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Does Your Skin Need Vitamin A Or Vitamin C? Or Both?

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Ah the world of skincare ingredients, a beauty minefield that can leave even the most knowledgeable a little dazed. Let’s talk about two of the most common (and powerful): vitamin C and vitamin A. Read on to find out why these two vitamins deserve a place in your routine…

Skincare Benefits Of Vitamin C

“Because it is so versatile, vitamin C is one my favourite skincare ingredients,” explains brand founder and leading dermatologist, Dr Dennis Gross. “Not only does vitamin C protect against damaging free radicals, it also helps to lighten and break up pigmentation you might already have, as well as preventing sun spots from forming and increasing overall radiance.” Yup, it’s a real brightening and radiance-boosting hero. “Vitamin C also helps to diminish existing fine lines and wrinkles, while protecting against future damage making it a great anti-ager too,” he adds.

“There are many different forms of vitamin C – some more effective than others,” says founder of Allies of Skin, Nicolas Travis. “We (at Allies of Skin) are big believers in ethylated l-ascorbic acid and tetrahexyldecyl ascorbate as they are both extremely stable and able to penetrate deep in to the cells for brighter, plumper skin.”

Did you also know that when antioxidants, such as vitamin C, are exposed to air, they can break down. Therefore, it’s always best to look for individual vials or air-tight, dark packaging. We love Darphin’s new Ideal Resource Renewing Pro-Vitamin C and E Capsules as they help to maintain the stability of the ingredients and boost efficacy – as do Oskia’s Super C Smart Nutrient Beauty Capsules.

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Another of our favourite vitamin C heroes is this C-Tetra Intense, which comes from NEW brand Medik8. As you might gather from the name, it’s a more intense version of their original C-Tetra. It helps to brighten and nourish your skin thanks to super potent formula of tetrahexyldecyl ascorbate. You can expect daily antioxidant protection and a serious brightness boost in the short term. A more even-toned and youthful-looking complexion with fewer fine lines will follow after continued use.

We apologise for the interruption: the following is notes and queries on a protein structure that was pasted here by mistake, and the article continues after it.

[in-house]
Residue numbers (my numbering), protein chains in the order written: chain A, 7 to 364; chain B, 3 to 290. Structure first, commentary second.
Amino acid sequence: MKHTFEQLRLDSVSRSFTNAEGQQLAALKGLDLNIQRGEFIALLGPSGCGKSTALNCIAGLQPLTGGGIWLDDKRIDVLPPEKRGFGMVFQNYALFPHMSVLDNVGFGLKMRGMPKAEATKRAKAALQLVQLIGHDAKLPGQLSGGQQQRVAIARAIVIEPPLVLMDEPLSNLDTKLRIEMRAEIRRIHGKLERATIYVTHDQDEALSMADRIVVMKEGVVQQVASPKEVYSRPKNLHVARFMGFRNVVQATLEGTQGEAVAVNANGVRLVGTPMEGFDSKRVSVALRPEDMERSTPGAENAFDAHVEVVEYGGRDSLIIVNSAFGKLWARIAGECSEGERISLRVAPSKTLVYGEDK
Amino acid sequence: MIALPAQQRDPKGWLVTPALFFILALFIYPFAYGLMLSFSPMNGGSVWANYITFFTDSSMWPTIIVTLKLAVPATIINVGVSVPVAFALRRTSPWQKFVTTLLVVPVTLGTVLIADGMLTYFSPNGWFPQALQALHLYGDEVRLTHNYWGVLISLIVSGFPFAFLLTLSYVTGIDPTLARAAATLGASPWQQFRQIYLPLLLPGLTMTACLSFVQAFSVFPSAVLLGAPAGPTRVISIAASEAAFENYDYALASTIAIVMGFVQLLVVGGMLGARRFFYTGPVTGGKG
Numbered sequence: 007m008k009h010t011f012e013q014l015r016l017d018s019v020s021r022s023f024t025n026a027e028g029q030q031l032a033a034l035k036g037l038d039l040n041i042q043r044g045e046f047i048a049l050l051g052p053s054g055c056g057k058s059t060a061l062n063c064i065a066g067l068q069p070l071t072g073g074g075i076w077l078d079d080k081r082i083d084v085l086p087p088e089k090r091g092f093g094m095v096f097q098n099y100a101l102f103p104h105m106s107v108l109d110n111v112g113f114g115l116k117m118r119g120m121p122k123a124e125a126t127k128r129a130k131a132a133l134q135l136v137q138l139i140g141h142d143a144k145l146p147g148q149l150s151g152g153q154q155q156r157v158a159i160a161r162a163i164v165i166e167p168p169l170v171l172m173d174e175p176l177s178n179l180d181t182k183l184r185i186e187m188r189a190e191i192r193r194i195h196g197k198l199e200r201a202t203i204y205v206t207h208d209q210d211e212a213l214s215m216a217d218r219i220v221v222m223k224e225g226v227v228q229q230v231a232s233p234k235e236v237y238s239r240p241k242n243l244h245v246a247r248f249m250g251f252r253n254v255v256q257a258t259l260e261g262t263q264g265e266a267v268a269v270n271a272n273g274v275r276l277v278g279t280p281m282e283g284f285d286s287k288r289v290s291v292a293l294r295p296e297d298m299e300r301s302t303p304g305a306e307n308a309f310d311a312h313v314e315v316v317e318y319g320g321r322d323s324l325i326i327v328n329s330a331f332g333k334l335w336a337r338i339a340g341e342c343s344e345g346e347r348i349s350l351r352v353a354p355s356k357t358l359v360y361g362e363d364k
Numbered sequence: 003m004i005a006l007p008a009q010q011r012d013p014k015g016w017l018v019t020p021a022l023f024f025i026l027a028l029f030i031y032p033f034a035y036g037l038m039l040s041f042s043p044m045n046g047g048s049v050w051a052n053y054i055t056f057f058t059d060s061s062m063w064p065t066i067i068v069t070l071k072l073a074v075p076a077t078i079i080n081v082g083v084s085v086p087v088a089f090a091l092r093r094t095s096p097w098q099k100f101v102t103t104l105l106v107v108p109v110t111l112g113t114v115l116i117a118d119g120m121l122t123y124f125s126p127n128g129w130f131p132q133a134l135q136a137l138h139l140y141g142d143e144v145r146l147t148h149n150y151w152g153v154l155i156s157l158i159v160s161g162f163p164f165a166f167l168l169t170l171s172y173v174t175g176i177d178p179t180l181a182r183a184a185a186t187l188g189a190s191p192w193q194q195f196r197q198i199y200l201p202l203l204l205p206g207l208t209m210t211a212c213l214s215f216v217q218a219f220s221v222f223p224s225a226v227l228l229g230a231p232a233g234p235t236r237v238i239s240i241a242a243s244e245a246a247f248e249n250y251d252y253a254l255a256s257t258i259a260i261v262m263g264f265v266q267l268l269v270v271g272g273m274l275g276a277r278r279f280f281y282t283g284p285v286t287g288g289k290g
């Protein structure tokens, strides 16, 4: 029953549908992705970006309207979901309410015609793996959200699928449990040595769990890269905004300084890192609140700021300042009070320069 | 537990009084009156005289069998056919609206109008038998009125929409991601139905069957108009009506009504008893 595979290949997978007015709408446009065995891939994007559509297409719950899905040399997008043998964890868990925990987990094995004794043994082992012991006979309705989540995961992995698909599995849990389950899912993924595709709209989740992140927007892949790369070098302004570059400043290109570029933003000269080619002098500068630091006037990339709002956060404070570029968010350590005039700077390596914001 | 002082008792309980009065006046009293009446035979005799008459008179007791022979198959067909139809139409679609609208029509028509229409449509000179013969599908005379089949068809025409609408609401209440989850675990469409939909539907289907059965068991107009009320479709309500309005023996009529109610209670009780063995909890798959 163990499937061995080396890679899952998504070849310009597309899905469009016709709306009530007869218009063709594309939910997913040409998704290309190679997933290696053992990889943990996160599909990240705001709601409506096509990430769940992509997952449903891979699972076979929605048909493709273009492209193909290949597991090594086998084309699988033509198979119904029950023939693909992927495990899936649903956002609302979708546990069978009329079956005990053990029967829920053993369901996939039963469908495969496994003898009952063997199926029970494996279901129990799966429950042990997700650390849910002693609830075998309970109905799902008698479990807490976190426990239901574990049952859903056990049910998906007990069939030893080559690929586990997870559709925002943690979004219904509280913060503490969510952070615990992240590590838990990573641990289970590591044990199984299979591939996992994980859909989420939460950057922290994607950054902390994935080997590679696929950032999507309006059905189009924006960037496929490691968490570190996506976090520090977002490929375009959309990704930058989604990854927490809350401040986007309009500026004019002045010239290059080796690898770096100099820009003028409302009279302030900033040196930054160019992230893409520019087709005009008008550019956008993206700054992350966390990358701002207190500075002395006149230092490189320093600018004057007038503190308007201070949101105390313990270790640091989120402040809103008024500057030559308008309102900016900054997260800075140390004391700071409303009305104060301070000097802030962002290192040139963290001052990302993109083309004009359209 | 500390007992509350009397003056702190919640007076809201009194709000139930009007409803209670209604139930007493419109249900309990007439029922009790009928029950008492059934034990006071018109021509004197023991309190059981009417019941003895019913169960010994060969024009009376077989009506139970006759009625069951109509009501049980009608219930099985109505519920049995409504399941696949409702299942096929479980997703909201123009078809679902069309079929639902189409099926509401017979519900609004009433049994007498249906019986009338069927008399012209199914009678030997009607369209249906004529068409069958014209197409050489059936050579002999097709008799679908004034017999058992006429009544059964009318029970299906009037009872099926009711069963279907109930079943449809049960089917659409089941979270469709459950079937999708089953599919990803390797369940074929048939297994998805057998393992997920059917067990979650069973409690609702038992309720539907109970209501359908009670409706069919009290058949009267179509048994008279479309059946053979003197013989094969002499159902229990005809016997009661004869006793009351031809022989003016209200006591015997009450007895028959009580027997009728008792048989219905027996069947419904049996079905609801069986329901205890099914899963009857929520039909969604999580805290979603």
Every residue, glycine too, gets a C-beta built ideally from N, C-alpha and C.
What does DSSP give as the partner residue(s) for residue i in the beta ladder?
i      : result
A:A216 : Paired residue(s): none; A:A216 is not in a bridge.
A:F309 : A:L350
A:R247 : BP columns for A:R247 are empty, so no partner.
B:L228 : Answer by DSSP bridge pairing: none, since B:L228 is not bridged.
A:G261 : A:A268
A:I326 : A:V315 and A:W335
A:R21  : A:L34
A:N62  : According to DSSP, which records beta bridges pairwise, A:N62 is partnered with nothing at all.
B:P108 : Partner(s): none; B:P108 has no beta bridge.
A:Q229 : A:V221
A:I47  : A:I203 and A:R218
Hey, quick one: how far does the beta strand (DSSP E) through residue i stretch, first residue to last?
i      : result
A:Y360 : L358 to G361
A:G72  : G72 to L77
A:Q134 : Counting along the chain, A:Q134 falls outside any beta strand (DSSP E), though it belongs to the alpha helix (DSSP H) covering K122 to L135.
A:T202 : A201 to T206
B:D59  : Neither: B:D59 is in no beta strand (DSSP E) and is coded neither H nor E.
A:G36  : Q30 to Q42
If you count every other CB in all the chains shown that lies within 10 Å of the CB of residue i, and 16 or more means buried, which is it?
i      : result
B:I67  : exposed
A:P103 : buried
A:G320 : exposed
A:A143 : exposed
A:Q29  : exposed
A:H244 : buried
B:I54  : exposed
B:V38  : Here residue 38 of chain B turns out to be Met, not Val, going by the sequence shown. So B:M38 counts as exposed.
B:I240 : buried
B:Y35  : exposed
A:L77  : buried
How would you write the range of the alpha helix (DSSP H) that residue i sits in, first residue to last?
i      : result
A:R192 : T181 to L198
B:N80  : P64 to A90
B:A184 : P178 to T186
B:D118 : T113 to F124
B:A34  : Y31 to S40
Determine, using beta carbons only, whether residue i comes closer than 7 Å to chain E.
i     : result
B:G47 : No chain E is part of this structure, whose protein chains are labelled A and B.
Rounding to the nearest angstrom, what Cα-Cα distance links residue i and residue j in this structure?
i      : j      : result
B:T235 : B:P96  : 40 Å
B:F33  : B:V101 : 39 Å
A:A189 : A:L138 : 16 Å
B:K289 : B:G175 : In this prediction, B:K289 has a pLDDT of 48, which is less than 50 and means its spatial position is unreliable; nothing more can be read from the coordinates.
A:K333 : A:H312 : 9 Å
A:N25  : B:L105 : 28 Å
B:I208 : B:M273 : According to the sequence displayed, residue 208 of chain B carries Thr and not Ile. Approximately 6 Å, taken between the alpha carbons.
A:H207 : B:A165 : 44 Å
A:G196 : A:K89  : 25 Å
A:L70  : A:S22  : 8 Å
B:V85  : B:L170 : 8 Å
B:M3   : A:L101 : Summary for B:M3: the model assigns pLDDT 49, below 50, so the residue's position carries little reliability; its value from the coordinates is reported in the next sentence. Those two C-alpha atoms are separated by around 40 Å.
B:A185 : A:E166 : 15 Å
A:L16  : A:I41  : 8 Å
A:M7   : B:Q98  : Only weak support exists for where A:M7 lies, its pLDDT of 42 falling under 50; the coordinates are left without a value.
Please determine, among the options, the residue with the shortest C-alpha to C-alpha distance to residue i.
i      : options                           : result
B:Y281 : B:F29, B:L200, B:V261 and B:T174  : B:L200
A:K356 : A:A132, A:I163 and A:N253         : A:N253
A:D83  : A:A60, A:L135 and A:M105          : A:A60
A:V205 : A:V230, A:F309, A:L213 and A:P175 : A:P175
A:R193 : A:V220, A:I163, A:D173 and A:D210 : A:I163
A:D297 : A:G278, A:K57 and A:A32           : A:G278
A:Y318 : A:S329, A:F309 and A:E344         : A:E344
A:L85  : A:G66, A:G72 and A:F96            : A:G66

Skincare Benefits Of Vitamin A

Retinol (a derivative of vitamin A) is another well-regarded skincare ingredient – particularly when it comes to anti-ageing. “It is the gold standard of anti-ageing skincare since it helps increase cellular turnover which stimulates your body’s production of new skin cells,” says Dr Dennis.

Retinol can also come in many different forms and strengths. “We like to use the most effective form we can which is why our 1A Retinal + Peptides Overnight Mask and Bright Future Sleeping Facial use retinaldehyde – a form which is 20 time more potent than retinol,” explains Nicolas. “Our retinaldehyde is encapsulated and time-released so it provides all the great benefits of retinol without any irritation.” Similarly to vitamin C, vitamin A is also great for controlling breakouts and fading unwanted pigmentation.

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If you’re completely new to vitamin A, we recommend building up a tolerance as retinol comes in varying different strengths. For complete newbies, try the Medik8 Crystal Retinal in strength 1. The formula is packed with retinal that delivers results comparable to clinical-grade vitamin A. It also uses hyaluronic acid and vitamin E to really help firm, clear and resurface your skin whilst you sleep.

The brand’s Retinal 1 is gentle yet effective and ideal for those with sensitive skin looking for a low-strength (0.01% retinaldehyde) retinol that’s also really effective. You can gradually build up to a stronger dose with their 3 (0.03%), 6 (0.06%), and 10 (0.1%) versions.

How To Use Vitamin C And A In Your Routine

“Vitamin C and vitamin A should be an important part of any well-rounded skincare routine,” says Dr Dennis. “I recommend using vitamin C during the day to protect skin from UVA/UVB and pollution when you are out and about,” suggests Dr Dennis. “Use vitamin A combined with a soothing moisturiser at night.”

Regardless of your skin type, it is always best to build up a tolerance to retinol. Try mixing a low concentration retinol with your usual moisturiser three times a week and gradually increasing. This will stop any redness or overly dry patches. Oh, and don’t forget your SPF. Vitamin A can increase your skin’s sensitivity to the sun, so wearing an SPF every day is an absolute must.

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